04 August 2008

Candles leaving the world

Candles leaving the world

One weekend to mourn. Although is no war, many countries had to say goodbye to some of their fellows.

One of that is India, with 151 deaths toll at time of writing this. Pilgrims were going to visit a temple at Himachal Pradesh.

Pilgrims in Andhra Pradesh
Quoting The Indian Express:

More than 150 pilgrims, a majority of them women and children, were killed and hundreds injured in a stampede near the hilltop Naina Devi temple in Himachal Pradesh on Sunday morning, following rumours of a landslide. The toll is expected to rise, with officials confirming that 151 bodies had arrived at Anandpur Sahib’s Civil Hospital alone till evening, 50 of them children.

There is no need to think how many families are being in mourning after this tragedy.

Somewhere, a few thousand miles west from India, Alexander Solzhenitsyn had to close his eyes for the last time. He was the word of the people who were deported, taken to slavery or political camps, the frozen blade of those who were starving and freezing in the long Siberian nights and the carrier of people who died in the Soviet Union gulag. He was the symbol of the victims of intolerance.
Quoting his autobiography:

Alexander Solzhenitsyn
For I would probably not have survived the eight years in camps if I had not, as a mathematician, been transferred to a so-called sharashia, where I spent four years; and later, during my exile, I was allowed to teach mathematics and physics, which helped to ease my existence and made it possible for me to write. If I had had a literary education it is quite likely that I should not have survived these ordeals but would instead have been subjected to even greater pressures.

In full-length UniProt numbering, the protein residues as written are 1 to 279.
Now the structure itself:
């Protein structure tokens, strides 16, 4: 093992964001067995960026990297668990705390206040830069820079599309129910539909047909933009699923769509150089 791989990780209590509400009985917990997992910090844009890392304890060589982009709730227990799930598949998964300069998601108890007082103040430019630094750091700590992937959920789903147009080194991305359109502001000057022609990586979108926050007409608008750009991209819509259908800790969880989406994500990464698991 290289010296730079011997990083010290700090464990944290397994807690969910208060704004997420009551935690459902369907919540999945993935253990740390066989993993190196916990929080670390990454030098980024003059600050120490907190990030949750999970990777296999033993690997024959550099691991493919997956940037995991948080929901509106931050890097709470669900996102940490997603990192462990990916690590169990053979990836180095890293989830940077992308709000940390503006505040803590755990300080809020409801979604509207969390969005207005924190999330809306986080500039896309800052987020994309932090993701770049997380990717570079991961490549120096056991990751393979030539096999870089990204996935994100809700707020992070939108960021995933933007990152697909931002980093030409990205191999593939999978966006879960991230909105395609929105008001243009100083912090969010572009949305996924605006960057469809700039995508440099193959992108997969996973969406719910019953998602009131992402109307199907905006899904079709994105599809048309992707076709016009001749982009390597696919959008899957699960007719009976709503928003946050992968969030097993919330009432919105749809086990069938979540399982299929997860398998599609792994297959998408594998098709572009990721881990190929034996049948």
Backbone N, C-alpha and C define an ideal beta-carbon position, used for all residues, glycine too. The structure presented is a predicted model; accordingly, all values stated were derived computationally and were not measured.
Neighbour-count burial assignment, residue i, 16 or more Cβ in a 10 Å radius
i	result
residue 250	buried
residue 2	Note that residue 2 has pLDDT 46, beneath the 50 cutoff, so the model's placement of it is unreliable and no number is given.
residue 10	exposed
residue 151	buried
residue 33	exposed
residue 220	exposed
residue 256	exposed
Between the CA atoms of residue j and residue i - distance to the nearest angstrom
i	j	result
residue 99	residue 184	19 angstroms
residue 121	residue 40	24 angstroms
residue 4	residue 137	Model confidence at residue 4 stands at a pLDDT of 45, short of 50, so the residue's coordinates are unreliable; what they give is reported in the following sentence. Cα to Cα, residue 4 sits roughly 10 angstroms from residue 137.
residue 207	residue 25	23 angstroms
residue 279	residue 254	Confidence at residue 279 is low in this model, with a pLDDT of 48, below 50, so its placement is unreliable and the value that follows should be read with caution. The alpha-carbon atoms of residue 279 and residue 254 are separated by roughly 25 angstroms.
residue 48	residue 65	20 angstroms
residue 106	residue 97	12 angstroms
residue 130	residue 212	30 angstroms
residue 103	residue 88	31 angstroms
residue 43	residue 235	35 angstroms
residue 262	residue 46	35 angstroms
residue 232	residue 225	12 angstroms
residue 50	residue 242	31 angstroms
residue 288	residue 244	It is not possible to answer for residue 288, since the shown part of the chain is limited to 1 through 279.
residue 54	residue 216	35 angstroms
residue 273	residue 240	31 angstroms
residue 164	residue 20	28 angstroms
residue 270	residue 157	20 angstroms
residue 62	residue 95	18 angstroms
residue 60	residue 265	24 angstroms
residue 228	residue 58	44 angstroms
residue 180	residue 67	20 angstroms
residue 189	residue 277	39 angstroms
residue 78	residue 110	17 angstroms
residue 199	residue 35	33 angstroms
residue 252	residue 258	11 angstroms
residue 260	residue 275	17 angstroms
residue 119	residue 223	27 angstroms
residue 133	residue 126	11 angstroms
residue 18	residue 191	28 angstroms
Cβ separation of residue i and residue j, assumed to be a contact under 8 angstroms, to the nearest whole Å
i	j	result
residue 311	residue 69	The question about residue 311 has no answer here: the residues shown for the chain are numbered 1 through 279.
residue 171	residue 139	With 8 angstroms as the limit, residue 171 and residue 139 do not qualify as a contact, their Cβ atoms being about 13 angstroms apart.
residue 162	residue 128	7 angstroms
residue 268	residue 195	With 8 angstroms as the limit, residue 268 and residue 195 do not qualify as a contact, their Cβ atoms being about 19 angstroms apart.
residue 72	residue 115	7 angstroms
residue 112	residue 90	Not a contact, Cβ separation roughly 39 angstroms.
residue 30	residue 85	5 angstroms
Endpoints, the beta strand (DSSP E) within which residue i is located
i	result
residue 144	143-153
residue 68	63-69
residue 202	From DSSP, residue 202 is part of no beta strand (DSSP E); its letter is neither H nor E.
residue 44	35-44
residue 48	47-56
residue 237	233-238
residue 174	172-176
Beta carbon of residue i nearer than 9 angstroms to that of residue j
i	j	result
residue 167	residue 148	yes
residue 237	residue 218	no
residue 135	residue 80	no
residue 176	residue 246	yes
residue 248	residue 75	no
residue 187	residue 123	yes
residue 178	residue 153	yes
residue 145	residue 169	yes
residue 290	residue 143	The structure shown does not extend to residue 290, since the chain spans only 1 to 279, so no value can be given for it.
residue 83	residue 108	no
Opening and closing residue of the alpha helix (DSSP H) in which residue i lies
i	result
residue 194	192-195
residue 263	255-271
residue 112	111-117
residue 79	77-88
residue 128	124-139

He won Nobel Prize and wrote the famous "The Gulag Archipelago". To be remembered by Russian people.
Leaving Russia thinking at the cold war, we find the fans of Atlanta Braves crying for "Skip" Carey, who died yesterday during sleeping. His family have tradition in baseball journalism with more than 35 years only for Skip Carey. He is now resting, but his voice will be remembered.
Quoting from his biography:
Skip Caray
He came to broadcasting naturally as the son of the late Harry Caray, the Chicago Cubs Hall of Fame announcer. A high school all-city linebacker in St. Louis, Caray began his broadcasting career with KMOX Radio after a career-ending knee injury. His son, Chip, who called Chicago Cubs games for WGN through the 2004 season and previously World Series games for Fox Sports will join Skip in the 2005 season with the Atlanta Braves broadcast team with of Skip Caray, Joe Simpson, Pete VanWeiren and Don Sutton.

We leave America with the hope that Skip Carey had time to say goodbye to the loved ones and find an Irish family in Europe who lost Gerard McDonnell, one of the the climbers who died in the tragic accident from the mount K2. Gerard was taken by the avalanche and ended a career to remember right after he claimed to be the first Irish climber who succeeded to beat K2. Quote from a recap found at K2climb.net: Gerard McDonnell
On August 1 at 1 am local time, Norwegian, Dutch, French, Italian, Serbian, Korean, Pakistan and Nepali climbers started their summit push from camp 4. Going well ahead of schedule, a few hours into the ascent a Serbian accident held the Dutch up somewhat. The Norwegians and French Hugues d’Aubarade reportedly summited before the Dutch and Irish Gerard (it's unclear yet who used supplementary oxygen) and were coming down at the time of the Dutch summit at around 8 pm. Around 17 people were reported in the summit party. On descent, a big piece of ice fell below the summit, taking a large part of the fixed lines with it. About 12 people, including Wilco, Gerard, Marco and Korean climbers got stuck either above the traverse or above the Bottleneck.

We had to say good bye to all of them.

Mount K2

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